New York “Enlists” Banks in Fight Against Payday Lenders

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A six-page letter from New York’s Superintendent of Financial Services, Benjamin M. Lawsky, with the blessing of Governor Andrew M. Cuomo, reminds the state’s payday lenders that nope: you’re still gross. And illegal. And shouldn’t be operating in the first place. And get off the Internet.

The letter is addressed to 117 banks — from Bank of America Corp to Yonkers Postal Employees Credit Union.

Payday lenders in the Excelsior State can’t have brick-and-mortar shops. However, as the folks at one payday loan website remind the financially desperate: “New York does not offer payday loans, though there is no law against obtaining them. There are other ways to get hold of the money you need without breaking the law, or even breaking a sweat.”

Except maybe there’s now a little bit of sweating.

First, while “there is no law against obtaining” payday loans, New York is pretty clear about how those loans work: “Usurious payday loans are illegal in New York,” Lawsky reminds the listed banks, “and such loans are void and unenforceable. Under General Obligations Law § 5-501 and Banking Law § 14-a, loans or forbearances under $250,000, made by non-bank lenders, with an interest rate exceeding 16 percent per annum, constitute civil usury and are illegal. Further, under New York Penal Law §§ 190.40-42, loans made in New York with an interest rate exceeding 25 percent per annum constitute criminal usury.”

Next, comes the Internet part. “The Department has uncovered dozens of out-of-state lenders who have used the Internet to solicit and provide illegal payday loans to consumers in New York. Typically, these lenders charge fees that, when annualized, result in interest rates far in excess of the legal limit.”

Seeing as how New York has been breaking up with payday lenders for what seems like forever, New York decided that telling the 35 identified payday lenders using the Internet to scam/break the usury law wasn’t enough. (Also: that list of 35 payday lenders is included in the letter. See if your favorite payday lender made the list! Let us know!) Upping the ante, New York has also identified the banks that have — either wittingly or unwittingly (because we’re being generous and because we’re not stupid) been the automated clearing houses (ACH) for these transactions.

“The current ACH network appears to allow illegal loans to flow through New York without sufficient mechanisms to prevent or block these debits or credits as they occur,” according to Lawsky’s letter. “Access to the ACH system is the foot in the door that online payday lenders need to prey on vulnerable New Yorkers. And banks have proven to be – even if unintentionally – an essential cog in the vicious machinery that these purveyors of predatory loans use to do an end-run around New York law.”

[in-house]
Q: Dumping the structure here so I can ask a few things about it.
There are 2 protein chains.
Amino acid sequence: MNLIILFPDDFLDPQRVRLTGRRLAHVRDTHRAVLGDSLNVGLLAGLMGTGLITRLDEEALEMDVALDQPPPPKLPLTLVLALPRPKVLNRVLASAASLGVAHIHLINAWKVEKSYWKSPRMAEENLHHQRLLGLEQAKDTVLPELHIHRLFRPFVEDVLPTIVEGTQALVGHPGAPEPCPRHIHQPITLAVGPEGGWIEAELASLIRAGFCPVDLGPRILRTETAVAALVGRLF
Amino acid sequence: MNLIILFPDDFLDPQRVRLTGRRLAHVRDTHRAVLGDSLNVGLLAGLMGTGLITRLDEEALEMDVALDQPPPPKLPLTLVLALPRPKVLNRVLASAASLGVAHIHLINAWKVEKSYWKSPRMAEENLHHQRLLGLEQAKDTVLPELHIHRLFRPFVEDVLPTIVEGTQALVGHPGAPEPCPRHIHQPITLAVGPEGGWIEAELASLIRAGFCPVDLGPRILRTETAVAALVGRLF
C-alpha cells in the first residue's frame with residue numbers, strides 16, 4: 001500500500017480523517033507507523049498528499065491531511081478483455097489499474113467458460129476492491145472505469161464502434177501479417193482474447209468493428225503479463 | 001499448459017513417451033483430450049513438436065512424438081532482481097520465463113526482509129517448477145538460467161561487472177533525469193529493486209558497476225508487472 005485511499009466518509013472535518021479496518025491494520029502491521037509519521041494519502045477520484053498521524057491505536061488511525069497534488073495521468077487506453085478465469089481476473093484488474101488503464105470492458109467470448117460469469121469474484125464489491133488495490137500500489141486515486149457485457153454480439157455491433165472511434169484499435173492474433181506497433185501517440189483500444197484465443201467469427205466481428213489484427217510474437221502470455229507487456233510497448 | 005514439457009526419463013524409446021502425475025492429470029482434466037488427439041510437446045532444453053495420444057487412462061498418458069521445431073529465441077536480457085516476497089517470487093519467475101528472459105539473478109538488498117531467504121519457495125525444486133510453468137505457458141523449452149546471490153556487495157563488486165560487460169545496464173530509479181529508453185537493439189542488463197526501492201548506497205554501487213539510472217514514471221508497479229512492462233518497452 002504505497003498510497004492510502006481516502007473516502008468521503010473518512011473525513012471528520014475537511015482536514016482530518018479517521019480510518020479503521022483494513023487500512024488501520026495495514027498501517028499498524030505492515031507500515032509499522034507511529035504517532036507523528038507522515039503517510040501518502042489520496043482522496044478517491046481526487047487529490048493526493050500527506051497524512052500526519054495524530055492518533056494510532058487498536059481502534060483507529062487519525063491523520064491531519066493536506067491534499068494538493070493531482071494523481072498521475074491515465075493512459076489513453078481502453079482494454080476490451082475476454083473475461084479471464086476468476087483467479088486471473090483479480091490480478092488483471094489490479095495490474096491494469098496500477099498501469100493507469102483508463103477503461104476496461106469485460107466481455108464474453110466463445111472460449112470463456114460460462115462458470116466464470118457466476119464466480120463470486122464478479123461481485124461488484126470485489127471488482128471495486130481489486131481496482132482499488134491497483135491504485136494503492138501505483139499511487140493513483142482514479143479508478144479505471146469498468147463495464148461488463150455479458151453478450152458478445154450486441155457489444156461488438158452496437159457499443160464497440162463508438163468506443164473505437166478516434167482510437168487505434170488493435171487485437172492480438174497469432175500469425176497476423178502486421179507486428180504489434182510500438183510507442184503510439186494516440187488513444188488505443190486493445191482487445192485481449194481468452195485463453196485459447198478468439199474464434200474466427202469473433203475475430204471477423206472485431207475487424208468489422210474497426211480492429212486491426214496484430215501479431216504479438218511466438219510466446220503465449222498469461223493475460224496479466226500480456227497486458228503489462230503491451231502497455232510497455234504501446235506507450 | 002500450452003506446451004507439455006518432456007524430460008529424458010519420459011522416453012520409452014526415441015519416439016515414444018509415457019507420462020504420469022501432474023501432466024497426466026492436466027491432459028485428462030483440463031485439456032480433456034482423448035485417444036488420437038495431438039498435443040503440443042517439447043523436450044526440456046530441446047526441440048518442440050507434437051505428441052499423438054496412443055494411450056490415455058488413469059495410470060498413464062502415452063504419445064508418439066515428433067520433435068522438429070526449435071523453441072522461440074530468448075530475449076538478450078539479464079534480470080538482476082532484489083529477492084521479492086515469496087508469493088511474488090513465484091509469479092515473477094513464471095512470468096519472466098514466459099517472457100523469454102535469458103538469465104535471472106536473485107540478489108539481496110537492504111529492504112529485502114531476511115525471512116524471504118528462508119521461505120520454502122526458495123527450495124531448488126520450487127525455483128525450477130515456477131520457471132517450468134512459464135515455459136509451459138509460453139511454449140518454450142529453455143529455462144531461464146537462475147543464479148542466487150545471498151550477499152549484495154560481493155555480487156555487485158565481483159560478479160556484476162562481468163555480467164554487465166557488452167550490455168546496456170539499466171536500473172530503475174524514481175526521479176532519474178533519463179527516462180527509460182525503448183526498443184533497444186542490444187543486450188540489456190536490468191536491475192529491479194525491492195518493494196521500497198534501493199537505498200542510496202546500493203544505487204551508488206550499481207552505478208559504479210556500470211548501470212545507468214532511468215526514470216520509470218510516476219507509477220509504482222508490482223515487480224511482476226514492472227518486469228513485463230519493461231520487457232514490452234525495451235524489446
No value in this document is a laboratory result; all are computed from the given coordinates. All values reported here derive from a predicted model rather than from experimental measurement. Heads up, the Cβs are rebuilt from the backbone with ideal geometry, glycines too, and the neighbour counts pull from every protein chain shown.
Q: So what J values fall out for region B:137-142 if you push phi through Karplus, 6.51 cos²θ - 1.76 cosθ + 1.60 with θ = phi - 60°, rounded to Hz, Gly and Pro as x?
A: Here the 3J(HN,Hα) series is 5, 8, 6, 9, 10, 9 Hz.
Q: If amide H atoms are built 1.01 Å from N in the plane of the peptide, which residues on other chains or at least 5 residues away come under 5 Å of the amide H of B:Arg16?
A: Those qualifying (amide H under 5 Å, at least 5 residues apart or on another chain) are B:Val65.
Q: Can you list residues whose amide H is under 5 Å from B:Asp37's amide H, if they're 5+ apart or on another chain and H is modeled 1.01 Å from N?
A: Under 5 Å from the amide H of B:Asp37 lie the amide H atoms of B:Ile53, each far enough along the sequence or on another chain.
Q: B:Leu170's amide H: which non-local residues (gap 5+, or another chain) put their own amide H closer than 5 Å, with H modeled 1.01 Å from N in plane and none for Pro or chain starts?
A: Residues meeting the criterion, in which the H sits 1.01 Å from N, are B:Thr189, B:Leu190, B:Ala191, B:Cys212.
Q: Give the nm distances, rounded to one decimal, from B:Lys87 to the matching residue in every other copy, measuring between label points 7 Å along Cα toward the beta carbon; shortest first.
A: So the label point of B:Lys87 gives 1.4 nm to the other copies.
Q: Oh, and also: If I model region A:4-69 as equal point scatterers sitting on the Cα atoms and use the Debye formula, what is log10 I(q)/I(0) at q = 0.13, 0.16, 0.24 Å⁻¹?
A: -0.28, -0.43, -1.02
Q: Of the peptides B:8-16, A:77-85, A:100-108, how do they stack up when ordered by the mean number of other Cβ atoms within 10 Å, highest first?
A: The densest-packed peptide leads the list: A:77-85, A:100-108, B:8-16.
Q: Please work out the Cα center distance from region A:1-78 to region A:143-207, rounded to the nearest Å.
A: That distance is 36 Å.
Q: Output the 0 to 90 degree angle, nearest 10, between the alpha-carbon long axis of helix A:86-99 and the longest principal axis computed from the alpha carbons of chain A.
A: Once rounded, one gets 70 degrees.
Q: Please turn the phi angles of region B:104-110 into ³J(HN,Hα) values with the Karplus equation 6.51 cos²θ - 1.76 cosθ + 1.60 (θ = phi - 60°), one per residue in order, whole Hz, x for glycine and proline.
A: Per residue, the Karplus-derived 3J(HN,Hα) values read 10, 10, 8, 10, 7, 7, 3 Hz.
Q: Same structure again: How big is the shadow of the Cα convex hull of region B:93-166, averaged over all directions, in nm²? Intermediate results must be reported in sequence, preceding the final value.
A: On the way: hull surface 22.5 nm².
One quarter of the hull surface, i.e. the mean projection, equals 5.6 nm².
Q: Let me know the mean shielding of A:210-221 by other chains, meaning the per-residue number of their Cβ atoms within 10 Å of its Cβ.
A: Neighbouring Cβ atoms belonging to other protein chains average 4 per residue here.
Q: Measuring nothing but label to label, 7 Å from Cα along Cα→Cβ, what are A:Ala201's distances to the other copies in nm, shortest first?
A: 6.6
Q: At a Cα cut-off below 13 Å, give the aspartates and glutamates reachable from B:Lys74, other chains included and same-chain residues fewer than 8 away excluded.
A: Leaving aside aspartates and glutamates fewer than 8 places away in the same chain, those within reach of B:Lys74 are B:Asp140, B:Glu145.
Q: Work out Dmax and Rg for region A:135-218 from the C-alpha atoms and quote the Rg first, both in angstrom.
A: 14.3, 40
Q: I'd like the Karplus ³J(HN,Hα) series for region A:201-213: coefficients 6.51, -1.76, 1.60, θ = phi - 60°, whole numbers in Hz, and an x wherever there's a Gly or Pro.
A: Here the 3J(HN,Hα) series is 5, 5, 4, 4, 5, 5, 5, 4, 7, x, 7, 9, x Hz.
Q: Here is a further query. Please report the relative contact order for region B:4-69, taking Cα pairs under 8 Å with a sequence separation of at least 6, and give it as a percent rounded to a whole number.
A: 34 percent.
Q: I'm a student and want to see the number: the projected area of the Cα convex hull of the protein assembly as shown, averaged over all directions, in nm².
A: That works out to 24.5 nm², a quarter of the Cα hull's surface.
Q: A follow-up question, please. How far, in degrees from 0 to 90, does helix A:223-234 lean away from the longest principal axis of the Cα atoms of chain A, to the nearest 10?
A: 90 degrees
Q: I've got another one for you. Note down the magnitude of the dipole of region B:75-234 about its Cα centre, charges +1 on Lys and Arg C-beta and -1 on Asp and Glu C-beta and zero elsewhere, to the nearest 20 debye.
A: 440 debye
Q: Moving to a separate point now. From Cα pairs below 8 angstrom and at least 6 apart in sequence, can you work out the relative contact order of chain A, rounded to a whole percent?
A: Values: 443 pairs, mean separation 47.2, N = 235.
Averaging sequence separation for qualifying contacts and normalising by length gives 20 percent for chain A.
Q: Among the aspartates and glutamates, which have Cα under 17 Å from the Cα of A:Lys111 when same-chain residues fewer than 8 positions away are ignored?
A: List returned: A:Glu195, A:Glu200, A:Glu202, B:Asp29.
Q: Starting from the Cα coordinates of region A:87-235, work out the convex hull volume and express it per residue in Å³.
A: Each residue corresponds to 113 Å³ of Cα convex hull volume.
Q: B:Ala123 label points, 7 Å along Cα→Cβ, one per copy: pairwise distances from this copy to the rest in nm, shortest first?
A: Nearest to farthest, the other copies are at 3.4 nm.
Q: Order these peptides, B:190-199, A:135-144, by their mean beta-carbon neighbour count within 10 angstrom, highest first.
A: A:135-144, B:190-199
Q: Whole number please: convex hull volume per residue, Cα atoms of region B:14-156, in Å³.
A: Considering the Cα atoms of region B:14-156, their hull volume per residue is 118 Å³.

Lawsky closes his letter: “Through a cooperative effort with the banking industry, we can work together to stamp out these pernicious, illegal payday loans in New York. To further that cooperative undertaking, we request the opportunity to meet with you and your designees with knowledge of the ACH network and NACHA rules and processes.”

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Posted in Accounts Receivable Management, Banks and Credit Grantors, Collection Laws and Regulations, Debt Buying, Featured Post .

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  • avatar Ameripay says:

    It’s funny how the movie and music industries can stop pirated material from coming up in Google searches, but New York can’t stop these illegal payday lenders from coming through Internet search engines, whom I’m sure are receiving compensation for keyword advertising.

  • avatar Philip Freivald says:

    Ah… government.

    Wouldn’t a better way to stop these practices is to get as many New Yorkers as possible to get as many payday loans as possible, then send the lenders a nice form letter from the A.G. advising that the contract is void and unenforceable? They’d need to use burner phones and a bank account set up just for this purpose to avoid phone abuse and ACH shenanigans by the lenders, but that’d be worth it for sufficient money. A couple million NYers getting a couple hundred free dollars each from all 35 payday lenders would be a nice boost to the NY economy and would do a better job at “discouraging” payday lending than any amount of legislation.

    35 lenders x $200 each x 1,000,000 New Yorkers = $7 billion. I doubt the lenders have that much to lend, but it’d do a fine job of emptying their coffers of what they do have.

  • avatar Commercial Guy says:

    I have been wondering the same thing, Phillip. What would the reaction of these payday lenders be once they realized they had been scammed?

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